am I the only mirror admin that finds the current behavior of opensuse clients suboptimal?
Requests by "ZYpp 17.11.4 (curl 7.60.0) openSUSE-Leap-15.1-x86_64" etc seem to be done with 256 kb chunk size, always, as an example:
GET bytes=0-262143 /mirror/opensuse.org/tumbleweed/repo/oss/x86_64/libqt5-qtwebengine-5.14.1-1.5.x86_64.rpm GET bytes=262144-524287 /mirror/opensuse.org/tumbleweed/repo/oss/x86_64/libqt5-qtwebengine-5.14.1-1.5.x86_64.rpm
That's a silly small size, since TCP won't be able to ramp window sizes and get good speed before those 256k are done. Also, we get int($filesize/256k) entries in our logs for each download.
To make matters worse, the thing seems to do some kind of round robin between sites, with this pattern being the most ineffective looking from a mirror admin standpoint:
GET bytes=2097152-2359295 /mirror/opensuse.org/tumbleweed/repo/oss/x86_64/libqt5-qtwebengine-5.14.1-1.5.x86_64.rpm GET bytes=2621440-2883583 /mirror/opensuse.org/tumbleweed/repo/oss/x86_64/libqt5-qtwebengine-5.14.1-1.5.x86_64.rpm
Since the OS normally does read-ahead on file system reads, it will read-ahead after byte 2359295 in preparation for the next read(). In this case though, that's in vain as the request never comes but the next data read is instead byte 2621440 and forward... OS read-ahead is most commonly in the 64kB-1MB range, so it's not unlikely that the entire 256k gap inbetween is read from disk without being used...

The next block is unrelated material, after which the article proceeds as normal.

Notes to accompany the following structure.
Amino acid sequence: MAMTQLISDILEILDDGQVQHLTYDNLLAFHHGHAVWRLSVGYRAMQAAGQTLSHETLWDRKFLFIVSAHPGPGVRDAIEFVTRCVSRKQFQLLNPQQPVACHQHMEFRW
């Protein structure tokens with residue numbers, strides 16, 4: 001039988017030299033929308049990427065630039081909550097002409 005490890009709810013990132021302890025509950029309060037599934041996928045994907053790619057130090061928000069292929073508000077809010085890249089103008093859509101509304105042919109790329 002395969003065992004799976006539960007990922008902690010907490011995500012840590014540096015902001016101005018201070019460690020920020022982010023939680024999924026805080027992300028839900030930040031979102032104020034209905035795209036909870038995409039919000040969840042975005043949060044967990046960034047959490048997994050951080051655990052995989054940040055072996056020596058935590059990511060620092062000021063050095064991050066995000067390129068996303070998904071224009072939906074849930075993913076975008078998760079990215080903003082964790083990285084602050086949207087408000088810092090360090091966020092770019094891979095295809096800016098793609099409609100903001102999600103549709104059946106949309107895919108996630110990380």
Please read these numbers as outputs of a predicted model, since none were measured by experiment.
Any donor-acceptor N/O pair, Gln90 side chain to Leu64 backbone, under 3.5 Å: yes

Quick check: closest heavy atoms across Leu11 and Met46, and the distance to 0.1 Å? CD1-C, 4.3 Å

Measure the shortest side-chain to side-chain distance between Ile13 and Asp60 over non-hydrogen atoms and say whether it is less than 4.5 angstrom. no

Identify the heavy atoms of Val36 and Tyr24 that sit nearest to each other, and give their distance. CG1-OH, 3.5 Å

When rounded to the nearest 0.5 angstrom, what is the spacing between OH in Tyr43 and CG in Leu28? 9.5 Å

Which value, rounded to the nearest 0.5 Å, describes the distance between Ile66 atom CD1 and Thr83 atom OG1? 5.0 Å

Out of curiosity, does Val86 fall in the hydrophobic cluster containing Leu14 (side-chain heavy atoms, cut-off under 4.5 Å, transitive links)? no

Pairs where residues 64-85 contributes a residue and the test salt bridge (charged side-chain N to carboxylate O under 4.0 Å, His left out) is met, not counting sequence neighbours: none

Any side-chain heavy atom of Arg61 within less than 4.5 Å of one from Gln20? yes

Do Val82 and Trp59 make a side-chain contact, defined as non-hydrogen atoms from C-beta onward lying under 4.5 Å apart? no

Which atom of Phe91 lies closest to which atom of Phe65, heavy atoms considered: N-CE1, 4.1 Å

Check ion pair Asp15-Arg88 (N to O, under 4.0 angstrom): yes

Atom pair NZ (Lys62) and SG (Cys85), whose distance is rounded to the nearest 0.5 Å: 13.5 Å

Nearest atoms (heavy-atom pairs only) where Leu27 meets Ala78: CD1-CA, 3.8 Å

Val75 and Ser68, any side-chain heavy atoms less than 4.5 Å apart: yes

Downloading files this way is just plain stupid, IMHO.
I don't know what problem this behavior is supposed so solve, but it's definitely not beneficial for us as a mirror, and I think it's hurting your end users as well.
If you want more bandwidth from us, request larger chunks (or whole files). The TCP window will grow and you'll get the performance (within the limits of 10 gigabit networking for one download).
If you want to spread the load between mirrors, use larger chunks, and specifically avoid small chunks and striped access.
In any case, merge requests! If you're going to request a number of consecutive chunks, do it in one request, preferrably as one range, to make the most of the tcp connection you've set up.
My minimum suggestion would be to bump the chunk-size to multiple megabytes at the minimum, possibly varying depending on download performance, aiming for each GET taking at least a couple of seconds to allow for TCP to ramp speed (and reduce the noise in our logs). In extreme cases we're seeing multiple tens of GET:s each second for some downloads, I'm guessing the rate throttles due to the RTT latency (ping time) and not some real bandwidth limit...
/Nikke - admin of ftp.acc.umu.se